Over the years you can’t help but notice that most criminals follow similar patterns. Below is a rundown of how most residential burglars do their house calls.
Things That Go Bump in the Night
Contrary to what you see in Hollywood movies and burglar alarm commercials, residential burglars almost never come to your house at night. Think about it. What’s the big difference between your house at night and your house in the middle of the afternoon? You are home at night! That means that if Donny Dirtbag tries to go shopping at your place at night, chances are he’s gettin’ squat, long-term government housing, and/or thoroughly ventilated for his troubles! Thieves are generally lazy and afraid of encountering anyone on their little adventures. As a result, the vast majority of houses and apartments are burglarized on weekdays roughly between the hours of 10 AM and 2 PM, when most adults are at work and kids are at school (Except the kids breaking into your house of course).
The Daring Duo
Generally speaking burglars work in pairs. One person knocks on the door, makes entry, and does the shopping, while the other person acts as a lookout, and operates the getaway car, if they have one. Usually the second person hangs out down the street or in the car, and only comes inside to help remove larger objects like big screen televisions. If the primary scumbags manage to recruit help, usually in the form of their girlfriends, this of course frees them up to do more aggressive looting.
Since burglars are by definition afraid of getting caught, they rarely shop in their own proverbial backyard, as that would greatly increase the chances of them being recognized by their victims or witnesses. As a result, burglars are usually cruising the neighborhoods of people they aren’t familiar with, and will look for signs of houses where nobody is home. This translates into cars in the driveway. Yes, if your garage is full of operable cars, consider yourself one of the elite! If they find a house that looks lived-in but lonely, they’ll come up for a visit.
Knock, Knock, Who’s There?
Unless the burglar knows that there is nobody inside, they will do their best to wake the dead before coming in. They’ll knock on your door and ring your doorbell over and over and over, in order to wake anyone inside and/or annoy them into answering the door. They will also look in the windows, if you leave the blinds open. If someone answers the door, they simply say, “Is Bobby here? Oh, sorry, wrong house!” and they walk away, hoping you forget about it without a second thought. On the other hand, if no one answers, then it’s on to the remodeling phase!
Most burglars will enter your house one of two ways. They’ll kick in your front door, or break a window on the first floor around back. The good news is that the deadbolt on your front door typically won’t break. The bad news is, the flimsy piece of molding and drywall on the inside of your door frame and the tiny screws on your strike plate will! Likewise, even those basic window latches rarely break, but that darned ol’ glass seems to shatter at the slightest tap! Now, Sammy Scumbag doesn’t want to get cut or ruin his threads on all that jagged glass, so he’ll reach through, unlock the latches, and open the window before climbing through.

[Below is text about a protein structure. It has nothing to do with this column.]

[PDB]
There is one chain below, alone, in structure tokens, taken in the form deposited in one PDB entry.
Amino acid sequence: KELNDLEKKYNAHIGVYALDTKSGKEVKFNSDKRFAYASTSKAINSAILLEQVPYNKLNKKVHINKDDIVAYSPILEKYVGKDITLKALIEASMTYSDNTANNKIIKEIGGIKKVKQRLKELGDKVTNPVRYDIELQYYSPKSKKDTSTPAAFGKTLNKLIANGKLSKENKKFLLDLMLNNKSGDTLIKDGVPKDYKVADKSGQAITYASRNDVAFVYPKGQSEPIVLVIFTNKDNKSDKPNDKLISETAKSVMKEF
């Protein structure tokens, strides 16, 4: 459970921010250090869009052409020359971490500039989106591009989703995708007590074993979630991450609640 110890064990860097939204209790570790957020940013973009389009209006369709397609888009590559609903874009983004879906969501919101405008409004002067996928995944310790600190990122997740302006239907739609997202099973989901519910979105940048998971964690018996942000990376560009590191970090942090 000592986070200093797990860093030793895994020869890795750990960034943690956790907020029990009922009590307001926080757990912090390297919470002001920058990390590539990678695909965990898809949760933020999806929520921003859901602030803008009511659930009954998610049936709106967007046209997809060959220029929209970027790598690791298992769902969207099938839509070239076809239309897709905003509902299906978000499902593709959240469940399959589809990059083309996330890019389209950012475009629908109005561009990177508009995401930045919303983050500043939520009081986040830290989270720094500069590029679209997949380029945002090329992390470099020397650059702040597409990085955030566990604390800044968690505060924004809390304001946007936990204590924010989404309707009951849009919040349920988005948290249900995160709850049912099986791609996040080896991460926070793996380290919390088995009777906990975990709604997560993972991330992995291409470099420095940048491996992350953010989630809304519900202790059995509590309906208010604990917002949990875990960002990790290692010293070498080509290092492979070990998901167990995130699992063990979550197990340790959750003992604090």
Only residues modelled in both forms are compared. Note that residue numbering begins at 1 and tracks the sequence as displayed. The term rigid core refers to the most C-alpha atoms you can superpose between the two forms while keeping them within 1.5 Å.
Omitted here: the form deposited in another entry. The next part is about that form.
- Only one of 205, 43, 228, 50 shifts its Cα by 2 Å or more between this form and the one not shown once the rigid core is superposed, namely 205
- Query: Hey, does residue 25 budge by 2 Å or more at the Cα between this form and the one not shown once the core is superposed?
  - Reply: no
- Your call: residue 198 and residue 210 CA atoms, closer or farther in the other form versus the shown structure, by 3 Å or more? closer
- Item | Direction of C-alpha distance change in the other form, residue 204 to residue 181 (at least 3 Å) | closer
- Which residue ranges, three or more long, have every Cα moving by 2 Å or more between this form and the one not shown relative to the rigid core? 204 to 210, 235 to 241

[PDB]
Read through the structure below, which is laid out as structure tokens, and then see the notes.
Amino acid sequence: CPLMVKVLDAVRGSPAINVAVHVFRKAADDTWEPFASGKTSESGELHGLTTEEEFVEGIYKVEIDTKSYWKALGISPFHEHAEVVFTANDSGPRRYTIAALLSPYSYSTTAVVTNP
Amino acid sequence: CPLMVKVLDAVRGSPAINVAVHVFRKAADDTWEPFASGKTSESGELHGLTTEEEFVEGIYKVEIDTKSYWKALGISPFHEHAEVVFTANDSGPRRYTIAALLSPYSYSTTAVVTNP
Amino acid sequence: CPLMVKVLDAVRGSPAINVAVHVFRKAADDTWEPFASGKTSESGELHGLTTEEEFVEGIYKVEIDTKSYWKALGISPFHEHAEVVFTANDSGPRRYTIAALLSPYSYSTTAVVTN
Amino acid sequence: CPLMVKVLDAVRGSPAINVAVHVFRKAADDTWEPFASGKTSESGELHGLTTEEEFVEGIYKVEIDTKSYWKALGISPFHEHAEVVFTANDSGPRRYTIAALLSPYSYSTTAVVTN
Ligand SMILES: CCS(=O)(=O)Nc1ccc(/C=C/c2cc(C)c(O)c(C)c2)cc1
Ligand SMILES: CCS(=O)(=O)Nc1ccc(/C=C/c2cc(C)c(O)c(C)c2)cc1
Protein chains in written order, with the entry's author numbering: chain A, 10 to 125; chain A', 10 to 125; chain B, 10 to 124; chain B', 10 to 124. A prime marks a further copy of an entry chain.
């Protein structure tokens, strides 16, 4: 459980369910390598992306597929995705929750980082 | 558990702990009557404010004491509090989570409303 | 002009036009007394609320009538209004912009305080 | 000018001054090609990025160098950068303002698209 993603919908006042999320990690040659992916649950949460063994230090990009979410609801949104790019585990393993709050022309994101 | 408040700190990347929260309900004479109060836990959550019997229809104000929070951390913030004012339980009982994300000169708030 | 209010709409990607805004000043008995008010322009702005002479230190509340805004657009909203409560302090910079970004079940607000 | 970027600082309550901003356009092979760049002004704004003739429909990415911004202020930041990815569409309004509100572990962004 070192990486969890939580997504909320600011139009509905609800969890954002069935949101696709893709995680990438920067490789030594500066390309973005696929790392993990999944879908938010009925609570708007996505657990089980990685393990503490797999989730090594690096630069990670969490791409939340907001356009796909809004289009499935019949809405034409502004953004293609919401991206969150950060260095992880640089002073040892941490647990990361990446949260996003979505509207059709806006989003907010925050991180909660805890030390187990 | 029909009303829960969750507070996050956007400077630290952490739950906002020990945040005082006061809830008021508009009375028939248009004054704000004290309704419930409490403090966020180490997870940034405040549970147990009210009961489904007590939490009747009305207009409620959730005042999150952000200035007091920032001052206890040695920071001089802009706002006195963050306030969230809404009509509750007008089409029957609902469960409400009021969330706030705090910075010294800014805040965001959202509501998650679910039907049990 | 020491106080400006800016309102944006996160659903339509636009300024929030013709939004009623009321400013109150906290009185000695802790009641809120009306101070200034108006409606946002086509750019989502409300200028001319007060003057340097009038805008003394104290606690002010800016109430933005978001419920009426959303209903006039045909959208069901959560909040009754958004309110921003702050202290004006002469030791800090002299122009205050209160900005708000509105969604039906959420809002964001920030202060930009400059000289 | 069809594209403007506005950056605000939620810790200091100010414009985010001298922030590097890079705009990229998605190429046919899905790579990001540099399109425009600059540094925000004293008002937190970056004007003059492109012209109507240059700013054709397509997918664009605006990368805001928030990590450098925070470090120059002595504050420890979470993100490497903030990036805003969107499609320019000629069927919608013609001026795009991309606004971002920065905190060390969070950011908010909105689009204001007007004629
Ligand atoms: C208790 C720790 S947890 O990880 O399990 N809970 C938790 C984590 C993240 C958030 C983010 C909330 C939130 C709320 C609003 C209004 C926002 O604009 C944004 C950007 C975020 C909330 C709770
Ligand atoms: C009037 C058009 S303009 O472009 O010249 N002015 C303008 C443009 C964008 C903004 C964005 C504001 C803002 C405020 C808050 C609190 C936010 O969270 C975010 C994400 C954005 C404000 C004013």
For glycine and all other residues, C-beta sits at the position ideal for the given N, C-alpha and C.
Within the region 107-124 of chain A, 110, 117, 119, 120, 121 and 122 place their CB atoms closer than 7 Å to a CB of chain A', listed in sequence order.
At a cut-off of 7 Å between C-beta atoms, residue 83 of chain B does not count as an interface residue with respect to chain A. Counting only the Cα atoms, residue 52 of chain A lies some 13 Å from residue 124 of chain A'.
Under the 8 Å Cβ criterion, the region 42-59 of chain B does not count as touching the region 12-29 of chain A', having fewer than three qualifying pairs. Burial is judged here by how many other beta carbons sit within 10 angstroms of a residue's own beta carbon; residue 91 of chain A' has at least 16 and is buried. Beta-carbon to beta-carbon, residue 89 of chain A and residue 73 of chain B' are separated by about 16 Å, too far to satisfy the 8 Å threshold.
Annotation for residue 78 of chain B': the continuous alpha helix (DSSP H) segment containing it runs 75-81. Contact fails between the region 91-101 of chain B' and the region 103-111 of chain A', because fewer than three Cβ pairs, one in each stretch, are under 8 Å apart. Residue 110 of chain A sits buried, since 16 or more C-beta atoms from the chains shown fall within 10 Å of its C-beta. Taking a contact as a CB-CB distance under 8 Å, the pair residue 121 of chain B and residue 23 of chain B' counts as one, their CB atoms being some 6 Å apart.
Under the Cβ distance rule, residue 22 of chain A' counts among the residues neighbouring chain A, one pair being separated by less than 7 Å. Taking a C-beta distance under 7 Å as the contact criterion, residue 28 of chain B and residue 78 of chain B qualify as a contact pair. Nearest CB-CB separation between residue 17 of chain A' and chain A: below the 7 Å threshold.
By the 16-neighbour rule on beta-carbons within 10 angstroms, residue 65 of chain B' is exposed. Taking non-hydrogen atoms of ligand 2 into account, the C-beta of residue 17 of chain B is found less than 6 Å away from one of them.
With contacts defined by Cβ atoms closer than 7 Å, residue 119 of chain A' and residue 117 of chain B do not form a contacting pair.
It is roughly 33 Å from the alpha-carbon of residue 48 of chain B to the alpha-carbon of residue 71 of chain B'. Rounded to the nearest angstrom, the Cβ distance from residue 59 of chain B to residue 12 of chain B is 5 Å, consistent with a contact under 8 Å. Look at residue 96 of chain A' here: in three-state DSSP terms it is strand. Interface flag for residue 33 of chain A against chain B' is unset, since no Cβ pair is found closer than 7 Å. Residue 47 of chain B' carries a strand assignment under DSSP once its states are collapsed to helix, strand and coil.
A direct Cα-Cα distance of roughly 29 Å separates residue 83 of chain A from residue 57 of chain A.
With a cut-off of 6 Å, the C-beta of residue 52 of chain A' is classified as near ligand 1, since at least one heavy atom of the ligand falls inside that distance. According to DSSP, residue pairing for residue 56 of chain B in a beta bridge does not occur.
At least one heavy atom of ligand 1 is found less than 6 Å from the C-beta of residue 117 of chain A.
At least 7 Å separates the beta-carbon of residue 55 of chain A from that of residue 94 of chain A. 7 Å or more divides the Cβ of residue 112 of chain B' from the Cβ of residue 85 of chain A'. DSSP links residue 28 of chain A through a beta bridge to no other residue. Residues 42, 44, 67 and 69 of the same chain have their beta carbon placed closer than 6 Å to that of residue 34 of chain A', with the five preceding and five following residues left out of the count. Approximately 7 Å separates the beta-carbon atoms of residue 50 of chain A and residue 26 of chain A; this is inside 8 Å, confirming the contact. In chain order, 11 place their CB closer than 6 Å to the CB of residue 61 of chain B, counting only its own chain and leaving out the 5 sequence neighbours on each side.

Scooby-Doo & Scrappy-Doo
How many times have you heard your neighbor’s little yapper barking his head off at every squirrel or butterfly that passes his window? And who’s gonna be afraid of a bite from a teacup chihuahua? All Scrappy’s gonna do is confirm that he’s in there alone. Big dogs on the other hand usually reserve their barking for more significant things, so your neighbors are more likely to take notice when they say something, and their bite is more likely to result in a hospital visit, so burglars usually opt to visit Scrappy, but not Scooby.
Burglars typically have a select number of items that they will steal. The most commonly targeted items are video game systems, computers, and other small electronics. These items are relatively small, so they can be concealed in an inconspicuous backpack, and they’re easily sold at pawn shops, video game stores, or online, and since your secret shopper is invariably a guy, he’s going to have an innate understanding of their value. This is also why burglars often steal worthless costume jewelry instead of the good stuff. So don’t worry about your china and good silverware ladies, it’ll be safe in the buffet. On occasion, more aggressive burglars will take your big screen TV and other large items, but running from a house with a big TV is usually more brazen than most are willing to risk, since even the dullest of neighbors is likely to recognize youths taking a 54″ plasma out to the car is a crime in progress.
Lightning Doesn’t Strike Twice
A common fear victims have is that the burglars will come back again. The truth is, that unless they know you, they usually don’t come back. After all, what’s the first thing you’d do after having your house burglarized? Probably buy an alarm, a dog, a gun, etc. That said, if you don’t do something to prevent another burglary, you’re probably asking for another one, because something about your house caught the eye of one, and will likely catch the eye of another, if you don’t do something about it.
These are Officer Friendly’s general observations, and of course, each thief is unique in their own crappy way. A little later, I’ll be posting some tips on specific things to do to reduce your chances of having your house burglarlized. In the meantime, if you’ve ever been burglarized, tell us about your experience, so we can all learn how the scum operate, and better protect ourselves and our loved ones. Do you know any burglars? Give us the inside scoop, and tell us what they’ve told you about how they operate!